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On Thursday, the Basel Committee on Banking Supervision came up with a series of new stringent capital rules for the largest U.S. banks, based on the fundamental review of trading book capital requirements. Basel proposed increased capital holding by banks to align with the risk of heavy losses in the trading market.
As per the newly proposed rules, banks will be restricted beyond an extent in transferring assets between trading and banking books. They need to provide regulators with details related to the selling and buying of securities in their trading books. Moreover, more capital would be required to maintain to avoid the risk of credit crunch.
In trading books, portfolios of securities, which are actively traded by banks, are represented while banking books enclose products that the banks plan to hold to maturity.
Trading activities of the banks would be reduced once the new rules get approved as capital requirements would be enhanced. Moreover, this is expected to reduce the profitability of large financial institutions involved in extensive trading activities such as Barclays PLC (BCS - Snapshot Report), The Goldman Sachs Group Inc. (GS - Analyst Report) and Deutsche Bank AG (DB - Analyst Report).
Before the approval of the proposed rules, the Basel Committee awaits feedback until September 2012. When the review of responses is complete, the committee will declare the amendments to the Basel III framework.
In July 2009, the Basel Committee issued "Basel 2.5," which inculcated modifications to the market risk framework. These amendments significantly enhanced capital requirements for trading activities, mainly for securitizations and planned credit products, based on the losses incurred by the banks during the financial crisis.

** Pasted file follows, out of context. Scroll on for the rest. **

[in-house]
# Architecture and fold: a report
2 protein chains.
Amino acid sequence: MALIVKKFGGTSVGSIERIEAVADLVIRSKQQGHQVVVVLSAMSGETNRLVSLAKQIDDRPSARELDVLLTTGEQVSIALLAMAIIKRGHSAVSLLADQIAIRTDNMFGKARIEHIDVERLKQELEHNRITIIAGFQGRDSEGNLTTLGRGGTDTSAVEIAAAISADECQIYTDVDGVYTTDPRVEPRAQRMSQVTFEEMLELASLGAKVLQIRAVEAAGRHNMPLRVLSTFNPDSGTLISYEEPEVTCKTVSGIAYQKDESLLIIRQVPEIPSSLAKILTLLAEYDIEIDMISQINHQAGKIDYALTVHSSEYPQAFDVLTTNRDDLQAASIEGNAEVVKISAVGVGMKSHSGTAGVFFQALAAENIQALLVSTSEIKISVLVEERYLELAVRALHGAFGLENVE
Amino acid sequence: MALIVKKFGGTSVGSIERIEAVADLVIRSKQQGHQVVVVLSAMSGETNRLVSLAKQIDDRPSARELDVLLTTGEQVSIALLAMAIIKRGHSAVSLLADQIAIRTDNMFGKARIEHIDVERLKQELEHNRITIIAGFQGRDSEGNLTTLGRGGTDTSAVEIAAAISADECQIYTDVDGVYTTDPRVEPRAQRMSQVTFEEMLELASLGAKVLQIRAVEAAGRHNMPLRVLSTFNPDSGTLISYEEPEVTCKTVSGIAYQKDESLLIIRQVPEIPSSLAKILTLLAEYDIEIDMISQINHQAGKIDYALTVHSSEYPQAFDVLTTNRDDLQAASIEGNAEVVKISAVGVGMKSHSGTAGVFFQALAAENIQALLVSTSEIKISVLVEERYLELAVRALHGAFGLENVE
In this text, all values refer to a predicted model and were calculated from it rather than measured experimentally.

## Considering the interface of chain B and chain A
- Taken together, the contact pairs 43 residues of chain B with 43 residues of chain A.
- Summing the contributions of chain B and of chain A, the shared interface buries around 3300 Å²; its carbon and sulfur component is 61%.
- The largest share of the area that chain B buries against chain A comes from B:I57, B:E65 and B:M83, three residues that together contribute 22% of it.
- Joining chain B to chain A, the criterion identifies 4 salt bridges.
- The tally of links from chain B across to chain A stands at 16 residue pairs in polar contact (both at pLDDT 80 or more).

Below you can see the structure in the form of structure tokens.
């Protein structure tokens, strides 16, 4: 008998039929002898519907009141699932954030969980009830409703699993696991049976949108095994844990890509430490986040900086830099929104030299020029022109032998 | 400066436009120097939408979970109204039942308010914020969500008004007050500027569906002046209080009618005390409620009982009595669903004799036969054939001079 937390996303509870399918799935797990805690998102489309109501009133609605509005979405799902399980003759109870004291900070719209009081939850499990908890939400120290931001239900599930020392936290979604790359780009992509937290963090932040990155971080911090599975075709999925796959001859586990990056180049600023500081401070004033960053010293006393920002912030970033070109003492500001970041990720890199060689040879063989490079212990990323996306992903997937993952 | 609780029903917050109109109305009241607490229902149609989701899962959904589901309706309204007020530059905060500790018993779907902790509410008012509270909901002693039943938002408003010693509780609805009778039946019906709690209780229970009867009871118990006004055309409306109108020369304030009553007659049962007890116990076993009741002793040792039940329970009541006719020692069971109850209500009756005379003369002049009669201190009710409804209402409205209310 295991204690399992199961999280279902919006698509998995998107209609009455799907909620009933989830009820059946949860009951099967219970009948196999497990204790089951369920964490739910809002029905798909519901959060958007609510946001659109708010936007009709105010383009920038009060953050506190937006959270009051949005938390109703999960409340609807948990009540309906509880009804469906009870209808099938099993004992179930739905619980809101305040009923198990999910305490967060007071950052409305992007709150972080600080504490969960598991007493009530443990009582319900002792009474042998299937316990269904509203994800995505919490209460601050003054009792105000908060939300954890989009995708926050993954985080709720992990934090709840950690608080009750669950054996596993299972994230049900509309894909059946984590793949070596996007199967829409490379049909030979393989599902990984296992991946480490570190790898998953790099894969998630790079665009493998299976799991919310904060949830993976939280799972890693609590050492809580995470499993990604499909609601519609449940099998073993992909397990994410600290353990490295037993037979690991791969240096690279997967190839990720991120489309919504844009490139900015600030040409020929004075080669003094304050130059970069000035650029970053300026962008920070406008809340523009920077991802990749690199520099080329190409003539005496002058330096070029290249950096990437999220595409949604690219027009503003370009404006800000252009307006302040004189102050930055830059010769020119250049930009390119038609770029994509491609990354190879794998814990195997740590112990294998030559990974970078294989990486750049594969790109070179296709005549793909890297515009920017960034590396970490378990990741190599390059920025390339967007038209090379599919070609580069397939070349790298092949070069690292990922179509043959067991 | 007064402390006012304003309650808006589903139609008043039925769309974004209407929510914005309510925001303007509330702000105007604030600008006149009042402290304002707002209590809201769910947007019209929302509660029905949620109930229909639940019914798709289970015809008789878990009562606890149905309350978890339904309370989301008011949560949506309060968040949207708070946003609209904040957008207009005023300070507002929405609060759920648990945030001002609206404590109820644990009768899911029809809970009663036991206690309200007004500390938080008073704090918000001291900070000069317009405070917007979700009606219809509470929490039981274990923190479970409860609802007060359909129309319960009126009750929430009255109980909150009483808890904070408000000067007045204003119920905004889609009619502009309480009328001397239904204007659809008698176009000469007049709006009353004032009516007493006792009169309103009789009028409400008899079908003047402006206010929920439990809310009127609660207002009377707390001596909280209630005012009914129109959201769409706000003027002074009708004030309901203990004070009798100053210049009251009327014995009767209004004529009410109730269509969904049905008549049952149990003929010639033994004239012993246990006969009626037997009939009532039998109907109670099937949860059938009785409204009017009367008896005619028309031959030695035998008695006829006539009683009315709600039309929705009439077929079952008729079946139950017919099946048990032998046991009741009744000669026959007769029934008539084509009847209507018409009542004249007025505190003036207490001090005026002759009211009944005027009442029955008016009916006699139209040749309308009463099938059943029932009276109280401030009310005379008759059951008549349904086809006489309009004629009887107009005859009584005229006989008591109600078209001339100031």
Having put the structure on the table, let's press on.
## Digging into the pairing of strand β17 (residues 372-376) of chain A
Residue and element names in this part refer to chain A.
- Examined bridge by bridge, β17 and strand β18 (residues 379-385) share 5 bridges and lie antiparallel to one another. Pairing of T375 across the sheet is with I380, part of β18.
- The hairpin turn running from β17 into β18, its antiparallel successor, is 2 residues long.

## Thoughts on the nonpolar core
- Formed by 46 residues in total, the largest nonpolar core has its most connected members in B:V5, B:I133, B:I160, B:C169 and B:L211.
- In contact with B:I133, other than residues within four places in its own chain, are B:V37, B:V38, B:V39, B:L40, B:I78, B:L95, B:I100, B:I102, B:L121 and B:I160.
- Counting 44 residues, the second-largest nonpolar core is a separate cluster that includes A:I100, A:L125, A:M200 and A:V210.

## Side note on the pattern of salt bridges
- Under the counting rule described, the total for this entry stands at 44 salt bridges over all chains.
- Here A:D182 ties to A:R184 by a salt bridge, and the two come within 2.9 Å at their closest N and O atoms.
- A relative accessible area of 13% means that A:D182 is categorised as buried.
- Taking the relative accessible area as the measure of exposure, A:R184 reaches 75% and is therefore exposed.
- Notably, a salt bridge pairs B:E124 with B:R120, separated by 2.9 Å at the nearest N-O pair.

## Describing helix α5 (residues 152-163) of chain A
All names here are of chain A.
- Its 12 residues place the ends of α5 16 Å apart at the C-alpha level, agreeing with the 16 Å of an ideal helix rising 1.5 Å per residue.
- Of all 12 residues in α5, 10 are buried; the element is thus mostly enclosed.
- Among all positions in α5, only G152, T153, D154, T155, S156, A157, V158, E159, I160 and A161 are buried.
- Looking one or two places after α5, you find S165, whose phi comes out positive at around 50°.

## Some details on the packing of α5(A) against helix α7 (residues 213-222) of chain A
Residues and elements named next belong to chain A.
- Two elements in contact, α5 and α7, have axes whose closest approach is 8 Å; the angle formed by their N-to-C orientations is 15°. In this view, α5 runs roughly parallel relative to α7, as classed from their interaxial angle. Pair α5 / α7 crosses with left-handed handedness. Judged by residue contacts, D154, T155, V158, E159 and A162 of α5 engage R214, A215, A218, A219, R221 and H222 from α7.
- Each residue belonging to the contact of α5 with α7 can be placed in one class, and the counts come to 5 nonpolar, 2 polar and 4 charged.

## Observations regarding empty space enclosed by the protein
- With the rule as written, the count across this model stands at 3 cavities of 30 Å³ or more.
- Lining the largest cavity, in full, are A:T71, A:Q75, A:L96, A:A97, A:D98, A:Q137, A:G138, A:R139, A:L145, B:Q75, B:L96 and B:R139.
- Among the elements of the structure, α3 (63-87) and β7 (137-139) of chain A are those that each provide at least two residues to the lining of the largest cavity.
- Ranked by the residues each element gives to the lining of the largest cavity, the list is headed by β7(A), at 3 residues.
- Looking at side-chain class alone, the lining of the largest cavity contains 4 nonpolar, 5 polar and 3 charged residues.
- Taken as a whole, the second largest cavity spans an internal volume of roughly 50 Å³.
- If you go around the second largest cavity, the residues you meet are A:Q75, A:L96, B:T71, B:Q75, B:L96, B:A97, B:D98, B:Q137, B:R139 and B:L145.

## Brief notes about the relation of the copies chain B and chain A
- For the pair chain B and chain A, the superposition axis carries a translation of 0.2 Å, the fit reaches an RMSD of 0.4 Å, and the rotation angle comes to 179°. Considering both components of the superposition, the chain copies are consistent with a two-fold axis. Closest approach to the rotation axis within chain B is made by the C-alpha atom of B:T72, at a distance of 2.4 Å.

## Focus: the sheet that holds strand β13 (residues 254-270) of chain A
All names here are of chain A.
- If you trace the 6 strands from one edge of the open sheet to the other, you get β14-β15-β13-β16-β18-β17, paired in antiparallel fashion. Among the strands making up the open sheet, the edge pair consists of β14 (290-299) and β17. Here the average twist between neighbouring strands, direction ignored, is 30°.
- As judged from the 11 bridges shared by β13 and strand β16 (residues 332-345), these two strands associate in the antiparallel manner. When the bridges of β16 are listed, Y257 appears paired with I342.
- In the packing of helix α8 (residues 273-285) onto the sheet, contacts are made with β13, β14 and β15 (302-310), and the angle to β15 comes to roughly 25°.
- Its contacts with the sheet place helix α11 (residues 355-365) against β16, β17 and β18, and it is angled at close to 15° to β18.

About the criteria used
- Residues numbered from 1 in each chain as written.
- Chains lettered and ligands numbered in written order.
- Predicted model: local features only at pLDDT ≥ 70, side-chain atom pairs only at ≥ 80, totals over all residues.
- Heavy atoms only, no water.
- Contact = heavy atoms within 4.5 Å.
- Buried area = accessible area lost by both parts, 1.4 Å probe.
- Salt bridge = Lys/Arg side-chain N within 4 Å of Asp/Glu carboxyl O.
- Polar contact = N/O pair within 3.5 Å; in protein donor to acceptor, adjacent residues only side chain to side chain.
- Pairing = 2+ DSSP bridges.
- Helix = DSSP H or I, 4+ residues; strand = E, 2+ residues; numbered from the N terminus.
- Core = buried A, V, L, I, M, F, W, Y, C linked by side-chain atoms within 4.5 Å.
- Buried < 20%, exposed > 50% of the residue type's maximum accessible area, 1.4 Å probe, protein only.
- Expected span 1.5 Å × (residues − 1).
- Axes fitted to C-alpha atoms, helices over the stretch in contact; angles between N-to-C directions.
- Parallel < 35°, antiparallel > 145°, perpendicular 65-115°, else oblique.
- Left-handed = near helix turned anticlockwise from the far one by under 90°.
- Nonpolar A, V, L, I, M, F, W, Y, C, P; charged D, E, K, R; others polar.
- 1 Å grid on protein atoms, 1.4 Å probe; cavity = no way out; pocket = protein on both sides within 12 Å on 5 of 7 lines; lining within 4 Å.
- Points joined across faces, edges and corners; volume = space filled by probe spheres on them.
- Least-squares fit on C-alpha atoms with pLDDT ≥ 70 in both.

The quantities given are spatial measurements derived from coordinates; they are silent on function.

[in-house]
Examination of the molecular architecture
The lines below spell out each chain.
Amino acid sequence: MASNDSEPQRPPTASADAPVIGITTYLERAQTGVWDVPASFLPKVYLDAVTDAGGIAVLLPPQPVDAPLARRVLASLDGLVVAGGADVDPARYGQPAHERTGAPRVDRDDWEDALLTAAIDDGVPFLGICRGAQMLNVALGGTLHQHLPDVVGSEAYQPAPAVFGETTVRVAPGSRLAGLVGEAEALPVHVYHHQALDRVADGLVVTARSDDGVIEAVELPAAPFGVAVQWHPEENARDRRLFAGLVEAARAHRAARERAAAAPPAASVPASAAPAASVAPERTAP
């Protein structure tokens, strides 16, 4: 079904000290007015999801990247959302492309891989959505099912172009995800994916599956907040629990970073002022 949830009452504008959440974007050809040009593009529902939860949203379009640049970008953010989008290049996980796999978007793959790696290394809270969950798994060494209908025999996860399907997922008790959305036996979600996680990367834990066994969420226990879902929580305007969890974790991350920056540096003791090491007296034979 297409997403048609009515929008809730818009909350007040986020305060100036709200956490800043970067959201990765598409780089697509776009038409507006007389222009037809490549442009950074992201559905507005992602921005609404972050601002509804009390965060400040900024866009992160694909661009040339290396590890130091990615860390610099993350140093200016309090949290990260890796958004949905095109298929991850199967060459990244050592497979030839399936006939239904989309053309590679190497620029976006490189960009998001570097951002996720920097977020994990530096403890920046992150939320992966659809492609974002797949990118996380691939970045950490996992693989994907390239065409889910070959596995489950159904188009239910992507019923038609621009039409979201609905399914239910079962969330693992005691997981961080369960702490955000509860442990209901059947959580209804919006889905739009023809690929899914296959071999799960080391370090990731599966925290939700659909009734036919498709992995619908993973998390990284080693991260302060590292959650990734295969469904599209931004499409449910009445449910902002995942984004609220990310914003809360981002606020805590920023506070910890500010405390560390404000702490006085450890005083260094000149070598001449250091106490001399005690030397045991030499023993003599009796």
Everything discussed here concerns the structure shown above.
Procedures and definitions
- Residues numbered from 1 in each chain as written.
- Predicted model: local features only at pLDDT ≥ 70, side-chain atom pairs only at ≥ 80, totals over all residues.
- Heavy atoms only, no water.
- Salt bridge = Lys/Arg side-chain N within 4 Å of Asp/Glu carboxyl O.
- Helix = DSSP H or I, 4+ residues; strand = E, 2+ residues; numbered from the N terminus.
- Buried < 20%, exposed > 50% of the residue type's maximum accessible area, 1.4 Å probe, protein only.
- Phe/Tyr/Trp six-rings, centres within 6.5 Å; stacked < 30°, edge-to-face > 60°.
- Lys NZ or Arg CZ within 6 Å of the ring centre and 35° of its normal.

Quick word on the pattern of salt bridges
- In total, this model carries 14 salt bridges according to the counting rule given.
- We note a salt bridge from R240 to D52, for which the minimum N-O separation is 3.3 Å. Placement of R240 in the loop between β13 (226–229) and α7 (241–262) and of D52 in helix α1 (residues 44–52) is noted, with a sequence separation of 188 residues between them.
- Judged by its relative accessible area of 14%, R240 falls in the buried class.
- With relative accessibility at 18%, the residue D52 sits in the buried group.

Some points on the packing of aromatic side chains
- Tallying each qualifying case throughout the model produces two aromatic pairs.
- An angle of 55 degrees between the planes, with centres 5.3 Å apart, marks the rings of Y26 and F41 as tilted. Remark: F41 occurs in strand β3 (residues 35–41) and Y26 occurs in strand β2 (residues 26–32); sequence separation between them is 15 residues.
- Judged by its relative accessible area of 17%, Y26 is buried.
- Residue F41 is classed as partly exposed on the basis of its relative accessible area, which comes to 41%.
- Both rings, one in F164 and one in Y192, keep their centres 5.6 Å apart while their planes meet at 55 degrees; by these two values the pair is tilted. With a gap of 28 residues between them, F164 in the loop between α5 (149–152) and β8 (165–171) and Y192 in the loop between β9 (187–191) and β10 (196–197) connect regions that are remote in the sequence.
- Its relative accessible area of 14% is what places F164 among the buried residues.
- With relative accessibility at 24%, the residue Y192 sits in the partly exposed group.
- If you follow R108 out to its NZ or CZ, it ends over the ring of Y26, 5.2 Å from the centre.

The current proposal contains a revised market risk framework that includes the measures to enhance trading book capital requirements. However, Basel 2.5 did not consider the calculation methods in estimating capitals. According to the Committee, the Value at Risk (VAR) measure, which takes into account prospective losses on a portfolio for most situations mainly covering 95% of trading days, was proved to be a poor measure during the financial crisis.
Now, the Basel Committee plans to use “expected losses” while calculating banks’ capital instead of using the VAR measure.
The oversight body of the Basel Committee on Banking Supervision is planning proactive actions to ensure that the world’s largest banks are strengthening their capital and liquidity positions to confront another financial meltdown. The committee is set to carry out on-site assessments of the banks' financial conditions.
Previously, a global agreement, known as Basel III (named after the city of Switzerland), was passed in July 2011. Under the agreement, banking giants throughout the world would have to maintain an extra 1% to 2.5% of capital on their balance sheets in addition to the Basel III mandate of 7% by 2019. The percentage will vary depending on the size of their balance sheets. Based on a particular bank’s importance and position in the overall financial system, the regulators will formulate a method to identify target banks.
A weak capital level is always a threat to the global economy. Needless to say, meeting new rules would act as building blocks of the still unstable world economy, with fewer bank collapses and less involvement of taxpayers’ money for bailing out troubled financial institutions.